According to Eric Cartman, Jews can’t be pirates (totally false) but Harry Potter authoress J.K. Rowling has confirmed that they can be wizards.
That’s right: JEWS CAN BE WIZARDS.
Happy Chanukah to all, and to all a good night!
Stephen Colbert is the Tolkien fan to end all Tolkien fans, evidenced by his three cosplay covers for Entertainment Weekly where he dressed as Gandalf, Bilbo and Legolas and the fact that he recently interviewed Smaug, the CGI dragon voiced by Benedict Cumberbatch.
And it’s all to celebrate/mourn the end of Peter Jackson’s reign over Middle-earth.
His sojourn into the world of Tolkien concludes this month with the third and final Hobbit movie
The Hobbit: How Does This Story Have More Endings Than Return of the King? The Hobbit: The Battle of the Five Armies which once had a more bookish name.
The main character in the adorable Fangirl by Rainbow Rowell is a fanfiction writer named Cath who loves a book series about a boy wizard — so much so that she spends her time penning a Simon Snow slash fic (called Carry On, Simon) between the book’s main character and his vampire nemesis.
The fanfiction within the book (which is itself centered around a girl’s obsession with a book series) had fans of the Rowell novel clamoring for an actual Simon Snow series.
And Rainbow Rowell has responded, by revealing there will be a Fangirl spin-off, which is actually the full version of Cath’s fan fiction.
Another live-action version of Lemony Snicket’s A Series of Unfortunate Events is set to hit screens — although this version will be brought to life on a multitude of small screens through streaming service Netflix.
VFD! VFD! VFD! VFD!
So forget about that other take on the book series! And apologies if you had forgotten about it until this moment.
It’s that time of year again: Halloween! Which means it’s also the Neil Gaiman created holiday All Hallow’s Read, in which instead of (or in addition to) giving strange children non-strange candy you can also gift them with the joy of reading. Or more specifically, books.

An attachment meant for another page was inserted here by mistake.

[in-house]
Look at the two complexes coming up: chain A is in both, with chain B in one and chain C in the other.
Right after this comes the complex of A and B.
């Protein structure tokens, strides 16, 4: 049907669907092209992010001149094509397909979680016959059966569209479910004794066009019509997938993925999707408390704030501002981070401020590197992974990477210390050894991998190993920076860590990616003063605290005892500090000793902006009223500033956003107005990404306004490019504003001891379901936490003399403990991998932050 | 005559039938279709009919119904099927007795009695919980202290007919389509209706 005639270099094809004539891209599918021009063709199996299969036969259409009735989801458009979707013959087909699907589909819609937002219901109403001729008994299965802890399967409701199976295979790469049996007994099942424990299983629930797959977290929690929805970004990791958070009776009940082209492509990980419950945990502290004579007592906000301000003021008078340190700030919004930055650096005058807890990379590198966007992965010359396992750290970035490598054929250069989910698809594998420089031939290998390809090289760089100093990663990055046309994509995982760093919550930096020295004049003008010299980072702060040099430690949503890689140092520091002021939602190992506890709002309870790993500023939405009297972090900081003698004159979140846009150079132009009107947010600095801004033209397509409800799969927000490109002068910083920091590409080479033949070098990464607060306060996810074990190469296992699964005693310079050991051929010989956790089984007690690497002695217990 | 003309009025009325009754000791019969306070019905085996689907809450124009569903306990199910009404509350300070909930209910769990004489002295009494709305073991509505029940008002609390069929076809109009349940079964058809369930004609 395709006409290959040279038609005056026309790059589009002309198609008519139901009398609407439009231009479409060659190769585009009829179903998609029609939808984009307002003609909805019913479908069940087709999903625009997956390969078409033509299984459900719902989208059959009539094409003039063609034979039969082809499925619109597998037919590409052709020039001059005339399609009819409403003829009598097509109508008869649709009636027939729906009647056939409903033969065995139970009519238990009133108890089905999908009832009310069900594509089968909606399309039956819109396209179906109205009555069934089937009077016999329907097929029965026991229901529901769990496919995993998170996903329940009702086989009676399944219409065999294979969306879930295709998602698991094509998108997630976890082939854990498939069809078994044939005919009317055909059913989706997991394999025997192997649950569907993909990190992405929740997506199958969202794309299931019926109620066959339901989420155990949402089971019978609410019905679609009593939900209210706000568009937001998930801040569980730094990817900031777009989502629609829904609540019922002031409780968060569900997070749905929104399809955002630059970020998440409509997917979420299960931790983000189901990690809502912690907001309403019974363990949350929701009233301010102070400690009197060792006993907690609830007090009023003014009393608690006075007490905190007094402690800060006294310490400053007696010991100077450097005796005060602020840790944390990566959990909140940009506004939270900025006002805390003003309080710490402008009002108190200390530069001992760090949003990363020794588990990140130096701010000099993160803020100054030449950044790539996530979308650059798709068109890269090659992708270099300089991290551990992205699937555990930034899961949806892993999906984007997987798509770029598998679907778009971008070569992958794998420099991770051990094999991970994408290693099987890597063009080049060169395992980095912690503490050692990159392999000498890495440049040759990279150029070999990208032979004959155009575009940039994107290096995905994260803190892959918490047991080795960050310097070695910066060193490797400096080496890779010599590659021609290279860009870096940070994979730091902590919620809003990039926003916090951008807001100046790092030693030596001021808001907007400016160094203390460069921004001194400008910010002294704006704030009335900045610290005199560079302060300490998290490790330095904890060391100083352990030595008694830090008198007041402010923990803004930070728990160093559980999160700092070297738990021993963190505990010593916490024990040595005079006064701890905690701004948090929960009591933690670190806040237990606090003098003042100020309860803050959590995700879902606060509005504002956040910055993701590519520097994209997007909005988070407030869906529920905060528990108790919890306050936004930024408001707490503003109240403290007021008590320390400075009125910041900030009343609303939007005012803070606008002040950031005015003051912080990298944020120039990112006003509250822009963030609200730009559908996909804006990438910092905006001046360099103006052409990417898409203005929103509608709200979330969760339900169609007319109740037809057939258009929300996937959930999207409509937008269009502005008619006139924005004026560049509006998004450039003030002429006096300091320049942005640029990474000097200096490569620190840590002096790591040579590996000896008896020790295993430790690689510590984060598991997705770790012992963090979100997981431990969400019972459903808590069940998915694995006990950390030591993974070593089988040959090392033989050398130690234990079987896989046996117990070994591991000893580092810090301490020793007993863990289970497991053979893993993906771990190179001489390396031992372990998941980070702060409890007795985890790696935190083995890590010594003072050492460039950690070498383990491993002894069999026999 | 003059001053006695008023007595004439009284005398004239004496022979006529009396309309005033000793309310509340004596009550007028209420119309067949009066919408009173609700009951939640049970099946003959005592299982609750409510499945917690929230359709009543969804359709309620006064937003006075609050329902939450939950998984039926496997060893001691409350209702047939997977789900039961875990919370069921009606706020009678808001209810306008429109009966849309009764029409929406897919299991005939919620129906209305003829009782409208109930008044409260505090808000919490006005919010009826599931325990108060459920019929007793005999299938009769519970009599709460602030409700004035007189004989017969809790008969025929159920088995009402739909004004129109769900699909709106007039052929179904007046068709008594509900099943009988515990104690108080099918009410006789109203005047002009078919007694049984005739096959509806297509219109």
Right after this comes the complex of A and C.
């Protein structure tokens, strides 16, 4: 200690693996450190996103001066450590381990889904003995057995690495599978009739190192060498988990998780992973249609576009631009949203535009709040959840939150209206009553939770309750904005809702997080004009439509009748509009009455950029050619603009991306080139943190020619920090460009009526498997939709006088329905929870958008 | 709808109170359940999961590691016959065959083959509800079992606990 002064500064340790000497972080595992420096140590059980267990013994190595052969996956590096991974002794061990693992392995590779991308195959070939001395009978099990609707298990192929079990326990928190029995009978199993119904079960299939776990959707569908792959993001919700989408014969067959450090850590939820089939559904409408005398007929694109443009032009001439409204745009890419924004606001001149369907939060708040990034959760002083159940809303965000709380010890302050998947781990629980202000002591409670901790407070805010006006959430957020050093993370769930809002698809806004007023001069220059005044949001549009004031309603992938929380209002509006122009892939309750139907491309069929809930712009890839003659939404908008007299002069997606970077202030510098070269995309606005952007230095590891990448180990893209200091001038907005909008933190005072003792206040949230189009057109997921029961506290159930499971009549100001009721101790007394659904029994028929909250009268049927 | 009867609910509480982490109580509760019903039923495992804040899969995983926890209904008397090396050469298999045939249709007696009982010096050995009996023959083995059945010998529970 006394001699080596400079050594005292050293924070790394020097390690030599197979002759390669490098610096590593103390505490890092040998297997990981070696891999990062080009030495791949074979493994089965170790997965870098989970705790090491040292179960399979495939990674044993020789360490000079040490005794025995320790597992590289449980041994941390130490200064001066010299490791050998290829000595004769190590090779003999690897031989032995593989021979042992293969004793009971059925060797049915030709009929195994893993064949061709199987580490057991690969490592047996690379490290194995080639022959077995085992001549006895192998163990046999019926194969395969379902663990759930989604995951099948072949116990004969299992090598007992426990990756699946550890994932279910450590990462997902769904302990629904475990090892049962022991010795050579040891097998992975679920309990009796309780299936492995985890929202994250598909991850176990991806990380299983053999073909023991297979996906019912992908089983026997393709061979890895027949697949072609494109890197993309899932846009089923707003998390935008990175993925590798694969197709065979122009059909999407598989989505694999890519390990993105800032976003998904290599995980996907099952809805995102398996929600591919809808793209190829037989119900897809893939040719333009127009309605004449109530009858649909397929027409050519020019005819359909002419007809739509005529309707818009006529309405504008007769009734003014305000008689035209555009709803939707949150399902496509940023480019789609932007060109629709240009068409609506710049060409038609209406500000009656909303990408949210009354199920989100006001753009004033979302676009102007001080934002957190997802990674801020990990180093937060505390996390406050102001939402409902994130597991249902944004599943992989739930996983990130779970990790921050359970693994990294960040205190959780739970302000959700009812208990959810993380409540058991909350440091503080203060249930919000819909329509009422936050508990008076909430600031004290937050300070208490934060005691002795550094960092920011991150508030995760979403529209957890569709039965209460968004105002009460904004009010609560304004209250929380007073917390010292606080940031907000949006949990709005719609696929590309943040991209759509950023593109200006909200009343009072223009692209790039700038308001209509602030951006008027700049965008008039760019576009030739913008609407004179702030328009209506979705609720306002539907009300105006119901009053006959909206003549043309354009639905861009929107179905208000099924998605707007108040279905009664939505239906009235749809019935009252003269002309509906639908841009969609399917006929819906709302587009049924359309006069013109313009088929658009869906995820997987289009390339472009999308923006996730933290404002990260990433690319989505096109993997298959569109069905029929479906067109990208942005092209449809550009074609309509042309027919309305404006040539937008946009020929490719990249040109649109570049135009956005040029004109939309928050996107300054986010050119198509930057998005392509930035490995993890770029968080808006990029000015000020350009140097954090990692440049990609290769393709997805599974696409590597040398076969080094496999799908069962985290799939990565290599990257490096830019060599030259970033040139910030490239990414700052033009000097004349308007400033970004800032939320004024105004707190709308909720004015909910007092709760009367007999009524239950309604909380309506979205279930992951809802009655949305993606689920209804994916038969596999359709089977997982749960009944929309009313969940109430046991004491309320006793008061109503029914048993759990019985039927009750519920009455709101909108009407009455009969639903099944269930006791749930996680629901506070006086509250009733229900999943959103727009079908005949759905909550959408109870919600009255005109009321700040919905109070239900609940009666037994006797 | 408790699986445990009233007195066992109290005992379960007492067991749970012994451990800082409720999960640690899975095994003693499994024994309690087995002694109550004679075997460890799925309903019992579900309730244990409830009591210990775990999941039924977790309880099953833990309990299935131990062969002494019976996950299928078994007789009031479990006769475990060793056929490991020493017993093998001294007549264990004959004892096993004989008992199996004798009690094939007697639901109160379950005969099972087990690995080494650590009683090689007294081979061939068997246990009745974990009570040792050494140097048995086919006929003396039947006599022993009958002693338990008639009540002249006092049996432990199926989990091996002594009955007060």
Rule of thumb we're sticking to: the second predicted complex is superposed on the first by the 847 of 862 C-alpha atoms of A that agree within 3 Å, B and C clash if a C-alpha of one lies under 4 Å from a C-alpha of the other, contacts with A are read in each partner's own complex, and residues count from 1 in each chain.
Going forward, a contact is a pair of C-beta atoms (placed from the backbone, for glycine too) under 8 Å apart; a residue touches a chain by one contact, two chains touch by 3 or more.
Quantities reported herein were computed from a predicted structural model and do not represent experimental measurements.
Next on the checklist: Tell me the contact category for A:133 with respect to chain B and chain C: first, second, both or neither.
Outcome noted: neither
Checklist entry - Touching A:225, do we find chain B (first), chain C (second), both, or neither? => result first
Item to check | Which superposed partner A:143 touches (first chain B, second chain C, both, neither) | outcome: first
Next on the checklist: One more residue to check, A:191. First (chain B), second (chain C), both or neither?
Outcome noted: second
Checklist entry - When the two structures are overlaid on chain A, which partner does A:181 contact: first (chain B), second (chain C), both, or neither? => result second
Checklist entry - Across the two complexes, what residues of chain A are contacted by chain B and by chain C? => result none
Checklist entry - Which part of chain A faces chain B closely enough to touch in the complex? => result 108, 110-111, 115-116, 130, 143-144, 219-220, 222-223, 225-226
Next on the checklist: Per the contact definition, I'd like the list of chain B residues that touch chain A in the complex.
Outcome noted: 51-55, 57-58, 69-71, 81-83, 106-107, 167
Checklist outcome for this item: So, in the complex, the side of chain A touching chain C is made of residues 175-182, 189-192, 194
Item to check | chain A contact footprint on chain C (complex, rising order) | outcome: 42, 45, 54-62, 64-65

Children are inevitably creepy – especially children who talk about their dead ghost friends – which is why for this year’s All Hallow’s Read (not to be confused with the only other year we did this) our suggestions are centered around children who have a preternatural ability to see dead people. Or just dead things.
If you have no desire to go out this Halloween and would much rather stay inside cuddled up with a spooky book and some warm cider while avoiding the ghosts, ghouls and Queen Elsas wandering the streets, you may want to check out these terrifying offerings.
Atlantia by Ally Condie
Can you hear Atlantia breathing?
For as long as she can remember, Rio has dreamt of the sand and sky Above—of life beyond her underwater city of Atlantia. But in a single moment, all her plans for the future are thwarted when her twin sister, Bay, makes an unexpected decision, stranding Rio Below. Alone, ripped away from the last person who knew Rio’s true self—and the powerful siren voice she has long hidden—she has nothing left to lose.
Guided by a dangerous and unlikely mentor, Rio formulates a plan that leads to increasingly treacherous questions about her mother’s death, her own destiny, and the complex system constructed to govern the divide between land and sea. Her life and her city depend on Rio to listen to the voices of the past and to speak long-hidden truths.
WHY WE’RE EXCITED: Young adult Atlantis (which we are going to pretend is actually about mermaids).
In Real Life by Cory Doctorow, illustrated by Jen Wang
Anda loves Coarsegold Online, the massively-multiplayer role playing game that she spends most of her free time on. It’s a place where she can be a leader, a fighter, a hero. It’s a place where she can meet people from all over the world, and make friends. Gaming is, for Anda, entirely a good thing.
But things become a lot more complicated when Anda befriends a gold farmer – a poor Chinese kid whose avatar in the game illegally collects valuable objects and then sells them to players from developed countries with money to burn. This behavior is strictly against the rules in Coarsegold, but Anda soon comes to realize that questions of right and wrong are a lot less straightforward when a real person’s real livelihood is at stake.
From acclaimed teen author and digerati bigwig Cory Doctorow and rising star cartoonist Jen Wang, In Real Life is a sensitive, thoughtful look at adolescence, gaming, poverty, and culture-clash.
WHY WE’RE EXCITED: Gorgeous artwork meets an intriguing premise all tied up in what sounds like a thought provoking exploration of some of our favorite things.